Jeff Foxworthy, Bill Engvall, Tim Allen: all great comedians who have performed hilarious routines about growing  up and growing old. Bruce McCulloch? Not so much. Young Drunk Punk is a tired regurgitation of material already performed by better comedians. One may scratch their head wondering why his show was programmed in the Magnetic North Theatre Festival. One hypothesis is that it couldn’t make it into the Just For Laughs Festival down the river.

Probably the best part of the show is the opening, when McCulloch’s musical accompanist, Brian Connelly, plugs in his guitar and gives us an energizing intro. The lights are focused on him, and the strumming of his guitar is invigorating. Then McCulloch swiftly ruins the moment as he dad-dances onstage, spouting a series of cheesy one-liners. Some might say he was making himself vulnerable and likable to the audience; others would say he just wasn’t trying.

From that point on, McCulloch painfully pieces together a narrative about his life. The story jumps from his early years in Alberta and the uncomfortable discussion about the “glorious day when [he] beat up [his] dad” to talking about “trophy children” in Hollywood where he currently lives. As well, he talks simultaneously about his sexual escapades, alongside the great love he has for his wife. Confusion arises, as he does not tell us when one ends and the other begins. Is infidelity what McCulloch wants us to think is funny?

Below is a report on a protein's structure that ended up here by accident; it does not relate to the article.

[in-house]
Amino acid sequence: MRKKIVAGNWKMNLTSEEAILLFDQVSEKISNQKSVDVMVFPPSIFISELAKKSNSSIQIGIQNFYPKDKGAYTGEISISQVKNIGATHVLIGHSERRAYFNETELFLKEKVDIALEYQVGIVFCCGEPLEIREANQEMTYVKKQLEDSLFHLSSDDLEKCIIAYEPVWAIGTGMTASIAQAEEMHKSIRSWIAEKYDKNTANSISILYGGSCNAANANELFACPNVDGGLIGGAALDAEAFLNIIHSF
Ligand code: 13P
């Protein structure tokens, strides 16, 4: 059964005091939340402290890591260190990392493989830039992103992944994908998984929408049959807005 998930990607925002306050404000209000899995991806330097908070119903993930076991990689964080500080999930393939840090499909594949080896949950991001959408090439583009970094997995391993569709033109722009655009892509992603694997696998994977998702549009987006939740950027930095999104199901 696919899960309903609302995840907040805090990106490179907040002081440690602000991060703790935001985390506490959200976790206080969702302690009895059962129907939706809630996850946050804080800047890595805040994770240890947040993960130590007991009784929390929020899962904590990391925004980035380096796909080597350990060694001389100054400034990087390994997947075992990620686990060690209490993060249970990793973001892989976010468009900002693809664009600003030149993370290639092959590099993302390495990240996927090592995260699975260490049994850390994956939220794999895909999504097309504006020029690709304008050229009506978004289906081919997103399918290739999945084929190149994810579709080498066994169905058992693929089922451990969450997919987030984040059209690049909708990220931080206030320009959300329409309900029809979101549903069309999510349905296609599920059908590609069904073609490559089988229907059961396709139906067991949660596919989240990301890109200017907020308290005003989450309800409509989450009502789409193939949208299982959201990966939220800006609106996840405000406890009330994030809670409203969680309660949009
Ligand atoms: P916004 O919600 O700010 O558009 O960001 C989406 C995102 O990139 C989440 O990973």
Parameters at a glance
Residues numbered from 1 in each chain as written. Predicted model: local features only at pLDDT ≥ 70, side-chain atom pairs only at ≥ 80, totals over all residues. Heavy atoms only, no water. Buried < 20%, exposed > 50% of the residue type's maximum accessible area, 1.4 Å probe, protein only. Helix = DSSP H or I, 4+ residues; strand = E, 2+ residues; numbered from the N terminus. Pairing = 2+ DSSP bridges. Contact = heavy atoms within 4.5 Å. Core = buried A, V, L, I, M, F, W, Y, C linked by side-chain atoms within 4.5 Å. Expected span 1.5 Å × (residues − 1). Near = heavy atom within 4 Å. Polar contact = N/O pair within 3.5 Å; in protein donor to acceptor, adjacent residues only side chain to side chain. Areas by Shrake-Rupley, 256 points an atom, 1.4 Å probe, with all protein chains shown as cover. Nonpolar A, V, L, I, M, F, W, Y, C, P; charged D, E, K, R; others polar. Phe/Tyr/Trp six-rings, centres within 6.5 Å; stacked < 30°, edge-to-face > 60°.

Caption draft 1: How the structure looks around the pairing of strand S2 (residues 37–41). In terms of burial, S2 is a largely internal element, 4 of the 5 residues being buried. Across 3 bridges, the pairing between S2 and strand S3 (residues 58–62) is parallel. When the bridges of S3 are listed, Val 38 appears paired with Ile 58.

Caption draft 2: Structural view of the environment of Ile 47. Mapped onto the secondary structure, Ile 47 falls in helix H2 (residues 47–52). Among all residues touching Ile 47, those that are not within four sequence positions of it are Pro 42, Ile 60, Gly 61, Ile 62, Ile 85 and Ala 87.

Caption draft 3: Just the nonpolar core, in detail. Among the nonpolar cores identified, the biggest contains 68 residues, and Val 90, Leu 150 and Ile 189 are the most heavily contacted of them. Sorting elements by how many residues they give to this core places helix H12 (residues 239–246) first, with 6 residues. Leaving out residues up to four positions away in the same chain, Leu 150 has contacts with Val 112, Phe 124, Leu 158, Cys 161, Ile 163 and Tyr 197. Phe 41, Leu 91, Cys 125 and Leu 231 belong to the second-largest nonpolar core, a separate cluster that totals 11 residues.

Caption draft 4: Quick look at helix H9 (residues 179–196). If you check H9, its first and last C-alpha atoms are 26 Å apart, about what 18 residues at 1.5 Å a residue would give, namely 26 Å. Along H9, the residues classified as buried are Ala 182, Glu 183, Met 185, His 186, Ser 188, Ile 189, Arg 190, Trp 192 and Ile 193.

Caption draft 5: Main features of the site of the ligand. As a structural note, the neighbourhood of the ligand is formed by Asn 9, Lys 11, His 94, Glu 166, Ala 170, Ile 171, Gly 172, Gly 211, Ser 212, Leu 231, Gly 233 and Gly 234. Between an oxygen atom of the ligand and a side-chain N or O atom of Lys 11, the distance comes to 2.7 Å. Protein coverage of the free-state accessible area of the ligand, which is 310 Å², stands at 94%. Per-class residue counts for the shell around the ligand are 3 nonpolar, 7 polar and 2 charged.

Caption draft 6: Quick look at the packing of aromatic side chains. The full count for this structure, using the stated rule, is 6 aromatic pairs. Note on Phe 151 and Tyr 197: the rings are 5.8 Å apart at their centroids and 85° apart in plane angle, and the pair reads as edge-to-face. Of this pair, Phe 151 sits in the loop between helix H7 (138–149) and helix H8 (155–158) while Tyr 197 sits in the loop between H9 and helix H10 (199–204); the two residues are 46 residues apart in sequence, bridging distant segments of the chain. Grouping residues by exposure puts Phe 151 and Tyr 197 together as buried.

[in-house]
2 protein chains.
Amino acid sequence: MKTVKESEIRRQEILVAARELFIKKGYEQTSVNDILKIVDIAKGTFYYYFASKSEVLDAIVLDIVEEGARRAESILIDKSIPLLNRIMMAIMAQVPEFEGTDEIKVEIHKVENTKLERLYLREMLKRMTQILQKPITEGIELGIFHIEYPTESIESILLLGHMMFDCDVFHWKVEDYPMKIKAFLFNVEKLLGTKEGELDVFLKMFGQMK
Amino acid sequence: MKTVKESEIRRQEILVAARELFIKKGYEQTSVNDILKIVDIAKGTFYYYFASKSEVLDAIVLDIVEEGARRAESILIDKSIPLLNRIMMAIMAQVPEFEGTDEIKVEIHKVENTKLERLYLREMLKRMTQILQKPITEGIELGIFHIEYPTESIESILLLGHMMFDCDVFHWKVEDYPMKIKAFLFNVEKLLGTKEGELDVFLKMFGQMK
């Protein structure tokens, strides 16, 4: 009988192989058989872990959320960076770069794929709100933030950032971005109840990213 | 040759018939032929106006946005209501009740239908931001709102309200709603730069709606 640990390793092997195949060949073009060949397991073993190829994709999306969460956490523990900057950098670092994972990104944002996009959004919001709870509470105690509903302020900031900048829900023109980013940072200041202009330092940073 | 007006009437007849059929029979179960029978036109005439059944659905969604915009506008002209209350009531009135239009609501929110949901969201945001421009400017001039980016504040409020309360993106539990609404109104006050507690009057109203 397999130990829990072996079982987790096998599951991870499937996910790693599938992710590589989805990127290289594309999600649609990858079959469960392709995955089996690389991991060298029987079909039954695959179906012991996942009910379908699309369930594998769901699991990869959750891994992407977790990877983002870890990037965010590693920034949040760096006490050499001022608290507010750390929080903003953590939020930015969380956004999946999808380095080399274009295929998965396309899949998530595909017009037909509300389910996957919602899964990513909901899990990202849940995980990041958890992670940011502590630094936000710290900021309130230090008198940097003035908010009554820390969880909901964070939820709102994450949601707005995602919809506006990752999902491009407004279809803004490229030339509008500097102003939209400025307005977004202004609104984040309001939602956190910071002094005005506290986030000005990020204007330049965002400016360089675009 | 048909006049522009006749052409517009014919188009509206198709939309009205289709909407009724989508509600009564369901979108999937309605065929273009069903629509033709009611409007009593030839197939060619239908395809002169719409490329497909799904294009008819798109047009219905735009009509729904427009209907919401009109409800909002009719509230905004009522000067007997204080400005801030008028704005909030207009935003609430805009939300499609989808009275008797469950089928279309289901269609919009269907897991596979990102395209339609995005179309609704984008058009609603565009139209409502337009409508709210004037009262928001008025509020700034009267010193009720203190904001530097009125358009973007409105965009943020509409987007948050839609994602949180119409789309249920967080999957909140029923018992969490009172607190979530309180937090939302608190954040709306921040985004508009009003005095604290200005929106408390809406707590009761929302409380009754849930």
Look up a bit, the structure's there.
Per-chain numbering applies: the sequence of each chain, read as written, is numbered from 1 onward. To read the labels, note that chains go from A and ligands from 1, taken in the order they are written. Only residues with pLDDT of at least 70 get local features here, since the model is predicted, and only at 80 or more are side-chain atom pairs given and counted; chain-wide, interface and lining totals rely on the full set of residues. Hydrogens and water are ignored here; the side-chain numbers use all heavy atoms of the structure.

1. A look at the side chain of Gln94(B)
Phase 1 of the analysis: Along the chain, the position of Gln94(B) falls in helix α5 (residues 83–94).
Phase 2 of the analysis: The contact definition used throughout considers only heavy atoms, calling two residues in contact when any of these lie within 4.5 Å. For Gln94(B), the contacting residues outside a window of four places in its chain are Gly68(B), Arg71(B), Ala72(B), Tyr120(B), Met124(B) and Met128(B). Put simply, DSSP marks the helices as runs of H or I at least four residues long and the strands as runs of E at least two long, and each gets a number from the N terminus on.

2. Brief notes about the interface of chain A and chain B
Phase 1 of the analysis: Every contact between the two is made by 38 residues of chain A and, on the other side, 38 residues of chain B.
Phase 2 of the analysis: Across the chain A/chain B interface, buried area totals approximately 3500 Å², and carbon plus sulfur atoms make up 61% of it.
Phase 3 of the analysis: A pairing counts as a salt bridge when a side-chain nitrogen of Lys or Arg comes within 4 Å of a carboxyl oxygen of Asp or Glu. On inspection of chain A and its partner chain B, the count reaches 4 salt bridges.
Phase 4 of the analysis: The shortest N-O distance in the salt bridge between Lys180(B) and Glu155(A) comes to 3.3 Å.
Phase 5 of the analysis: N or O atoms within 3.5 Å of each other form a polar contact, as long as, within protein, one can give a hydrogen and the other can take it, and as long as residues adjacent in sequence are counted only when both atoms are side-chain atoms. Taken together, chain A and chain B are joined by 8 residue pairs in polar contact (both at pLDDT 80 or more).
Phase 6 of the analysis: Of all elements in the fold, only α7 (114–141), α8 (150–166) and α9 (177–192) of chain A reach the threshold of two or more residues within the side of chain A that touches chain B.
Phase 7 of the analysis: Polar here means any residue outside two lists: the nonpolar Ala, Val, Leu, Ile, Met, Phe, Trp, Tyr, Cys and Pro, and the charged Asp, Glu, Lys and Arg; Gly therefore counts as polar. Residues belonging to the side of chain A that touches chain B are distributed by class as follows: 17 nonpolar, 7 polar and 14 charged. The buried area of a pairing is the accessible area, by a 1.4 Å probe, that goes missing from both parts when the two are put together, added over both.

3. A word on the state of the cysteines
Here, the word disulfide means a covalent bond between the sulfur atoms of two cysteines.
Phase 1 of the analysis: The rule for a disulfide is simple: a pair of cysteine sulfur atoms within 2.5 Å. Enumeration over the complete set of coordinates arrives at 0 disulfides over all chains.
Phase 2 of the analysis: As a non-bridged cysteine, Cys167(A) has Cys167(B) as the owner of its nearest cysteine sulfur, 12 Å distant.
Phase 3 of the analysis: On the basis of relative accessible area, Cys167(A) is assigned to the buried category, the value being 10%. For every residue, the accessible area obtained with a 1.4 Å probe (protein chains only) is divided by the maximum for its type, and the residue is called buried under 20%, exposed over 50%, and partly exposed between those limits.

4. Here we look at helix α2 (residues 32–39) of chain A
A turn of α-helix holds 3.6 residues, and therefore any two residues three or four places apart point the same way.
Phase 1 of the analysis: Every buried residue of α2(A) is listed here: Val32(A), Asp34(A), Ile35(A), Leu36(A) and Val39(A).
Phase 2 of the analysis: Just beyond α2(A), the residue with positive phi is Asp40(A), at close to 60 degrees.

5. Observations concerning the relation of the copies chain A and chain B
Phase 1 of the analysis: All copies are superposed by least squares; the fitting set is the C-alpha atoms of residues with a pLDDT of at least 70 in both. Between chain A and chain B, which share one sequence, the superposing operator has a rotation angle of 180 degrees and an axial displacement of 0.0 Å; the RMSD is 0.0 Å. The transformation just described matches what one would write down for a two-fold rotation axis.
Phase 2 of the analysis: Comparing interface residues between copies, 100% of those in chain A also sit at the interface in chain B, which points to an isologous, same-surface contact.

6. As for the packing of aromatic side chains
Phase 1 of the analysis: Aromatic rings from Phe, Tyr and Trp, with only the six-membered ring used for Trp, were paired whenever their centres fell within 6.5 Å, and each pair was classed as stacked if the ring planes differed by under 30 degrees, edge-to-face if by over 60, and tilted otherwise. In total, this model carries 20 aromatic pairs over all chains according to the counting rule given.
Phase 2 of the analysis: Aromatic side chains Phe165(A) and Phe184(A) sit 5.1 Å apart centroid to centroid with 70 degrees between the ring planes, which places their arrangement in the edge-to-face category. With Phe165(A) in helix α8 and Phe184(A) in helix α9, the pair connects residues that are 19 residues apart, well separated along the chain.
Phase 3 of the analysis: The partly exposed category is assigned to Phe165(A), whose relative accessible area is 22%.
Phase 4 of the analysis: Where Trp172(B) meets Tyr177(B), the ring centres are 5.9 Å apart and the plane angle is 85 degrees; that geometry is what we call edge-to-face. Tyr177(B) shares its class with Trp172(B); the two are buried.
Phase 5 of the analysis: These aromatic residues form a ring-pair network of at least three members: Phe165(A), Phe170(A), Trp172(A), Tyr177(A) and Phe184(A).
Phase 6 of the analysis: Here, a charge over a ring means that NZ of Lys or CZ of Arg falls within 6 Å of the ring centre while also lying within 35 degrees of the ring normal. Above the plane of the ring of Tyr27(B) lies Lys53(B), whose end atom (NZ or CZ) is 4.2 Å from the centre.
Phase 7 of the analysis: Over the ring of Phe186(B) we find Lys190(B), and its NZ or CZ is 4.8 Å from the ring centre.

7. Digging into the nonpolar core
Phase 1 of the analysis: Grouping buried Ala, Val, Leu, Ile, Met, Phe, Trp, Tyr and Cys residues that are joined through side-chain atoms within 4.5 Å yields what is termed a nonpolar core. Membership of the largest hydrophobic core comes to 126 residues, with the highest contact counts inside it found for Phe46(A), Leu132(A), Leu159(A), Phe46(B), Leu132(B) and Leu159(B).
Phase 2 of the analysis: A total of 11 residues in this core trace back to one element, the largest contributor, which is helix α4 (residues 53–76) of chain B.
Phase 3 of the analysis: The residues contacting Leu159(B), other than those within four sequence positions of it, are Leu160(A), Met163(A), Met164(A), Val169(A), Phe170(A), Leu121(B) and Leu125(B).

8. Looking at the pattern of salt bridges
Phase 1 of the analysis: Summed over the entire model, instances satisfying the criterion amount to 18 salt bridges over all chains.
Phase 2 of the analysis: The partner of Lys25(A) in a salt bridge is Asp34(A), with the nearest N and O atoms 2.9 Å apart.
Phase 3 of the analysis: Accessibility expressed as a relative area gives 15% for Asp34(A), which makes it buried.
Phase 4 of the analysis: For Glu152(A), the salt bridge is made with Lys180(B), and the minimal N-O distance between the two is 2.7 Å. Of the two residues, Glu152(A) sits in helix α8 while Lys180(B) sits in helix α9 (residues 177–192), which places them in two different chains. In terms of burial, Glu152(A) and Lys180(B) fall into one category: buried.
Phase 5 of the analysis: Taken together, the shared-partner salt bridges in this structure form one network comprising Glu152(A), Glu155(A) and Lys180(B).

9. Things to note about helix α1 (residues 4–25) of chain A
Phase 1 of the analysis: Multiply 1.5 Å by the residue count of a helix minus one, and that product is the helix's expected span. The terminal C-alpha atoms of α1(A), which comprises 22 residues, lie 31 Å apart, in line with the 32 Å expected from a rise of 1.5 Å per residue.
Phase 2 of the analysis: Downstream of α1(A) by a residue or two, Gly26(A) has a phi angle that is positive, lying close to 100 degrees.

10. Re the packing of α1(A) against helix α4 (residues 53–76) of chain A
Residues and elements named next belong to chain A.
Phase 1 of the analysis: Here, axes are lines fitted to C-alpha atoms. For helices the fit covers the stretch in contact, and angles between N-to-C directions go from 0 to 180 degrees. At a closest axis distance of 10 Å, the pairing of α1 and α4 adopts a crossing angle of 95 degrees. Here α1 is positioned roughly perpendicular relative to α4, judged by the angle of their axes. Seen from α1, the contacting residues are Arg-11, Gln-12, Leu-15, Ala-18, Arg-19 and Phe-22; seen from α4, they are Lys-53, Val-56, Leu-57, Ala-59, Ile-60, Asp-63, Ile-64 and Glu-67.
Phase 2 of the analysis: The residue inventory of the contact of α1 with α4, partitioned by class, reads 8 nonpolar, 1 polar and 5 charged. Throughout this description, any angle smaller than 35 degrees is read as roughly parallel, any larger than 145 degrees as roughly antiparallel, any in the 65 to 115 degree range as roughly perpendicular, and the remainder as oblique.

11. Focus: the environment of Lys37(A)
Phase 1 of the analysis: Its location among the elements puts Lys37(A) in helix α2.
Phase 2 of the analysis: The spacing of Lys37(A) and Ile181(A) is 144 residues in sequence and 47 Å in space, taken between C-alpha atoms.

McCulloch’s topical humour does get some laughs, as long as you actually understand the references. For those who don’t know Kate Bush or The Who, or many of the other allusions, the jokes don’t land.

As well, McCulloch stumbles over his improvised pieces, making crude jokes about Evan Solomon, Jian Ghomeshi, and Bill Cosby in a series of one-liners. Admittedly, McCulloch is not the first comedian to capitalize on recent sexual and media scandals, but his delivery, much like the subject matter, is uncomfortable and made some audience members want to leave. The audience members were too polite.

After he comments on his failed attempt to beat up his dad, in a moment of clarity McCulloch observes that when you look at your father, you are really looking at the person you will need to take care of later in life. And after describing a disastrous romantic night with his wife, he continues with a tender moment when they simply cuddled in front of the electric fireplace and just enjoyed the comfort of each other in the moment. Unfortunately, the sensitivity that McCulloch presents in these moments is eclipsed by the rampant vulgarity that he has thrown at the audience for the remainder of the performance. This completely undermines any attempt at sincerity.

The question remains as to how this fits the mandate of the Magnetic North Festival, which this year promised radical lessons for a meaningful life, and productions that offer unique and worthwhile experiences. Yet what was delivered here was a crude white man. Is this what the festival thinks represents Canadian theatre?

Young Drunk Punk

Bruce McCulloch


By Mark Harrigan

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